Ebola poses virtually no risk to most Americans, but hospital workers and their patients could face real danger if someone unknowingly infected with the deadly virus travels to the U.S. and visits an American emergency room for care. Many hospitals are poorly prepared to contain any pathogen. That’s why at least 75,000 people a year die from hospital infections. If hospitals can’t stop common infections such as MRSA, C. diff and VRE, they can’t handle Ebola.
On July 20, Patrick Sawyer, an American working in Liberia, collapsed after an air journey from Liberia to Nigeria. He had no idea he had Ebola, but five days later, he died from it. He could have been getting off at John F. Kennedy International Airport in New York. At least 11 flights leave Liberia daily with connections to JFK. Dr. Sanjay Gupta, CNN’s medical correspondent, says it’s a “real possibility” someone unknowingly sick with Ebola will fly to the U.S.
In three West African countries, the Ebola outbreak has infected over 1,400 people and killed 826 of them.
Last week, the World Health Organization issued guidelines for airlines. If a passenger is diagnosed with Ebola after the flight, all passengers who were on the plane should be tracked down and tested.
As Ebola victims become sicker, they experience vomiting, diarrhea, and internal and external bleeding. Those bodily fluids contain high concentrations of the virus, which can infect anyone exposed. Airline cleaning crews are instructed to wear disposable gloves and wipe down armrests, seatbacks, trays and light switches if any passenger is sick.
Two Nigerian-based airline companies and Emirates, the Dubai-based airline, already have suspended service to the affected countries. But Centers for Disease Control and Prevention Director Dr. Thomas Frieden rejects that approach. “Were not going to hermetically seal the borders of the U.S.,” he said on ABC’s “This Week With George Stephanopoulos” on Sunday. “We’re reliant and interdependent with the world for travel, for trade, for economy, for our families and communities.”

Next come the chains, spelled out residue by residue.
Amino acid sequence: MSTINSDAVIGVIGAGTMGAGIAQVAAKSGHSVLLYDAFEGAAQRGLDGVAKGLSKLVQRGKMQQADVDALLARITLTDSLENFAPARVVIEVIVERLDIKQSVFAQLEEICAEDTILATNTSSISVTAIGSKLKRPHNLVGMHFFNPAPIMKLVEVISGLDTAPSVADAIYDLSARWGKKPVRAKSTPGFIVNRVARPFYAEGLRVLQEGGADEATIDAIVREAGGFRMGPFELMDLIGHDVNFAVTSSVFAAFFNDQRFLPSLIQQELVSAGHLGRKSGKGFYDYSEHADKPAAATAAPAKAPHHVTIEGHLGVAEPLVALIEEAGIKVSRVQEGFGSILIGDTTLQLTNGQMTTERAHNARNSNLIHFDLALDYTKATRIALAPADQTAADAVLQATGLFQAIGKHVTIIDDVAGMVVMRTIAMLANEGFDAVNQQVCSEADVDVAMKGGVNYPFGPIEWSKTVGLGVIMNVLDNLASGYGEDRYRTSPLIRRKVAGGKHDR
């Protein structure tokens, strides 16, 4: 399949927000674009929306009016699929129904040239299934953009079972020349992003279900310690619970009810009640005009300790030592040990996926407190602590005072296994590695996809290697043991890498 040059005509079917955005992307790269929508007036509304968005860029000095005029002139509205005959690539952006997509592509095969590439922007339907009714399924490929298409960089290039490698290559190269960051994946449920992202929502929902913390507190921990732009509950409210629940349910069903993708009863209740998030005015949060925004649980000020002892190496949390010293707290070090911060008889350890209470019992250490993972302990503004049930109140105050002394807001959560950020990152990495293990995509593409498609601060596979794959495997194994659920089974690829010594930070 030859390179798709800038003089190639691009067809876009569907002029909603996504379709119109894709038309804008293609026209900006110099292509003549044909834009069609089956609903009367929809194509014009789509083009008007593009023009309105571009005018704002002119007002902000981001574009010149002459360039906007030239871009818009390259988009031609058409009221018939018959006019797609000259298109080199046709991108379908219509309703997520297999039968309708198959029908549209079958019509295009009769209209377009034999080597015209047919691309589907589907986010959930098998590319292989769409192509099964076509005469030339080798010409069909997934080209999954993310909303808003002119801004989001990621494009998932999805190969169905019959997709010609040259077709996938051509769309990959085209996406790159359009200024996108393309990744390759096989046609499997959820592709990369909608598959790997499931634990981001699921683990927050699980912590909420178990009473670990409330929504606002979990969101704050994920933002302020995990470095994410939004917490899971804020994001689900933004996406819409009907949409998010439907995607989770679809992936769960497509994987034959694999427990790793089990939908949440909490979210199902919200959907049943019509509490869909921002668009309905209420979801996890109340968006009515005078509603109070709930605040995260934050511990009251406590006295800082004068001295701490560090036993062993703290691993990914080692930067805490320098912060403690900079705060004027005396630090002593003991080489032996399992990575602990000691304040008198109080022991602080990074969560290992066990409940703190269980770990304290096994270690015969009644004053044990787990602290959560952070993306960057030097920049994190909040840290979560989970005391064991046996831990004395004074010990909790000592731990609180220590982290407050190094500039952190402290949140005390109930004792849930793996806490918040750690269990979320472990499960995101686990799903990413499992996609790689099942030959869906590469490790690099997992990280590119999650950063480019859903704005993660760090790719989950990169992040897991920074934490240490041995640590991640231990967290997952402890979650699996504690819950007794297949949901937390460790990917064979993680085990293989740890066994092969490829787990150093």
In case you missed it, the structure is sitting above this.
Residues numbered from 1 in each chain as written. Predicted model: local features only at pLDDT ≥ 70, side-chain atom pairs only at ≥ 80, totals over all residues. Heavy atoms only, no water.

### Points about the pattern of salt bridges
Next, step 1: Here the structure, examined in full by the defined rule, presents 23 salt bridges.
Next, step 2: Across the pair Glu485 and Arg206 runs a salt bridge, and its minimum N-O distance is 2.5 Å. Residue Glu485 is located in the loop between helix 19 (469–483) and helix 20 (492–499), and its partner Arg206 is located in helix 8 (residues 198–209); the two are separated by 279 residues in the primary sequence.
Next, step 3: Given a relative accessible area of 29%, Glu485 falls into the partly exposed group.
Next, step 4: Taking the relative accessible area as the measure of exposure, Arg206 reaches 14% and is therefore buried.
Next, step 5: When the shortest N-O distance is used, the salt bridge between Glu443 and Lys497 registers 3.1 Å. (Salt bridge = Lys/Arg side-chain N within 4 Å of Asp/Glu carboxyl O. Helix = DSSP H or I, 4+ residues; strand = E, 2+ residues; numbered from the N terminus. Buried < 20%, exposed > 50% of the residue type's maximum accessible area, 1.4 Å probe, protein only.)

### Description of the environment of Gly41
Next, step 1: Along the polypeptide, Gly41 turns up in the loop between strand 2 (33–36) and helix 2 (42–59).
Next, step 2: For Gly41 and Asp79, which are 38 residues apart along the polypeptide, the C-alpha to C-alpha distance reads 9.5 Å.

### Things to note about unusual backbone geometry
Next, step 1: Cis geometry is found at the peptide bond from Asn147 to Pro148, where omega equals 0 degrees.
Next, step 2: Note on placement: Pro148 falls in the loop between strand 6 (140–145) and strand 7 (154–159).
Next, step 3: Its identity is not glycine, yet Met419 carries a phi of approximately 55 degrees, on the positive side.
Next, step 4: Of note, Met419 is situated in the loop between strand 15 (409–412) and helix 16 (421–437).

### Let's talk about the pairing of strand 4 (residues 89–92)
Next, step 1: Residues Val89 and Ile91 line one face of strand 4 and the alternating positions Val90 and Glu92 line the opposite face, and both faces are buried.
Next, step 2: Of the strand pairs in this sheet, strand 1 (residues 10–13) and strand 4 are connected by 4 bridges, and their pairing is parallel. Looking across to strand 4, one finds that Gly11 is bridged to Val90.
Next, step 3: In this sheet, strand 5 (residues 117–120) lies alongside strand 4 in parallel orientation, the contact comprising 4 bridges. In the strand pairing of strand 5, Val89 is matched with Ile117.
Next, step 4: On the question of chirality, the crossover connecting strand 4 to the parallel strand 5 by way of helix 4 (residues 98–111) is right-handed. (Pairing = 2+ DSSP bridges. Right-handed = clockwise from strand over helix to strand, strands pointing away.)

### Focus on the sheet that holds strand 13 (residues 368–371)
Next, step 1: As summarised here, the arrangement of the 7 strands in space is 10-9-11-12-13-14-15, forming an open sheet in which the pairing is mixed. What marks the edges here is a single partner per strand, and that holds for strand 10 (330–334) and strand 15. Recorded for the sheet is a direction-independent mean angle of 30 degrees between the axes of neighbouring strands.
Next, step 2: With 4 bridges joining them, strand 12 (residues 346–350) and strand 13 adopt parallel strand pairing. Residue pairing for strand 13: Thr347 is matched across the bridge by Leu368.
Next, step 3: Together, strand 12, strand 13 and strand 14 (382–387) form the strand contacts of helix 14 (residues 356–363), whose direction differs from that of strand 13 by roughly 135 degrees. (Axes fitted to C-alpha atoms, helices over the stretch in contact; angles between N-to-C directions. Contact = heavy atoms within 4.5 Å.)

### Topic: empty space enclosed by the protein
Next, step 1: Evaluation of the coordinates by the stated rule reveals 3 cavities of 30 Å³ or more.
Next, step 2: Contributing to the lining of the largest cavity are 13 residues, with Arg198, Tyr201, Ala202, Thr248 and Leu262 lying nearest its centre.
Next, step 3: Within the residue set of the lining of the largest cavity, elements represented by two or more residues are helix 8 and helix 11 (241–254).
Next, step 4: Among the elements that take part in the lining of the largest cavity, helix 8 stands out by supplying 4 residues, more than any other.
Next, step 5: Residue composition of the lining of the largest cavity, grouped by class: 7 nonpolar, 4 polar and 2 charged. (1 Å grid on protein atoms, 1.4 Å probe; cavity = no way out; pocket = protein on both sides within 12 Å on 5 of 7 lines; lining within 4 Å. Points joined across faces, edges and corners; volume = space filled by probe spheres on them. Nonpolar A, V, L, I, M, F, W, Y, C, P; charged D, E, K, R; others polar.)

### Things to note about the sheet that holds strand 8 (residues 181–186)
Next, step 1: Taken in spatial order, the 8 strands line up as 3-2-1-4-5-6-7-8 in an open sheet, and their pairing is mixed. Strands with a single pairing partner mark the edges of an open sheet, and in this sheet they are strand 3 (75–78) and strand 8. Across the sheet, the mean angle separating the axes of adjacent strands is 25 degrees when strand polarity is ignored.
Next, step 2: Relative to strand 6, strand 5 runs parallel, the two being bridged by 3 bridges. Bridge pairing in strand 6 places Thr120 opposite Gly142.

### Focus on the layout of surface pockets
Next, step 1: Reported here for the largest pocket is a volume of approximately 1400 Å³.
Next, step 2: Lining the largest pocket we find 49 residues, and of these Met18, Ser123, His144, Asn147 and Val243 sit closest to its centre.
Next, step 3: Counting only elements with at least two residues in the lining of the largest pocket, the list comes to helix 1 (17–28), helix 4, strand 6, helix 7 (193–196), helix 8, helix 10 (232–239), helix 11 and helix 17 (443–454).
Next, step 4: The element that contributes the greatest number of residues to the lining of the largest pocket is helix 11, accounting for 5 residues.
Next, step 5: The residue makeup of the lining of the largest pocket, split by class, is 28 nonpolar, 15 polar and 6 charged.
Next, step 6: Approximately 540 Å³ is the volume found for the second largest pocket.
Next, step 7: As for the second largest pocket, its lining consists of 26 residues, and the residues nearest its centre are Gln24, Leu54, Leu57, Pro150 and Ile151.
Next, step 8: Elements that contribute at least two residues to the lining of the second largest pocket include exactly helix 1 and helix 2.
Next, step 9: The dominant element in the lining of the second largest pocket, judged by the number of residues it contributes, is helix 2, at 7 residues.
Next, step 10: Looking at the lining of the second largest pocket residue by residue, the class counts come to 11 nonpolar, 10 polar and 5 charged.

Frieden argues it’s unlikely people sick with Ebola with board planes, because the symptoms are so debilitating. Despite what Frieden is saying, the institute sent bulletins to U.S. hospitals on diagnosing Ebola, providing protective gear for health care workers, and preventing the spread to other patients.
But will hospitals follow the precautions? Unlikely. For example, an estimated 14,000 patients die each year from Clostridium difficile, a health care infection spread by diarrhea. Invisibly small fecal particles contaminate bedrails, curtains, nurses’ uniforms and other surfaces, carrying the disease from one patient to another. The same could happen with Ebola if precautions are ignored.
Rigorous adherence to prevention rules will mean the difference between life and death, if a person carrying Ebola comes to a U.S. hospital. That is the lesson of SARS, four letters that turned into a death sentence at a Toronto hospital.
On March 7, 2003, two middle-aged men with undiagnosed cases of severe acute respiratory syndrome brought from Asia went to the hospital in two different cities. In Toronto, this caused an outbreak that killed 44, infected another 330, and forced hospitals to close. In Vancouver, British Columbia, according to a government report, a “robust worker safety and infection control culture” enabled the hospital there to prevent the disease from spreading. One hospital thwarted an epidemic, while another made deadly mistakes.
Vancouver General isolated the patient within five minutes of his arrival, recognizing the possible seriousness of his symptoms. But the Toronto hospital kept its SARS patient waiting 16 hours in its crowded emergency ward. Two patients waiting nearby contracted SARS. A government report later concluded that for the hospital overcome by SARS, “infection control was not a high priority.” Eventually, 77 percent of the people who contracted SARS there got it while working, visiting or being treated in the hospital.
Similarly, whether Americans die of Ebola will depend largely on what hospitals do when the first victims unknowingly carrying the virus are admitted.
The CDC also needs to improve its own infection-control rigor. In the last three months, three incidents of the CDC mishandling pathogens — anthrax, avian flu and smallpox — have come to light. Why assume the agency is ready for Ebola?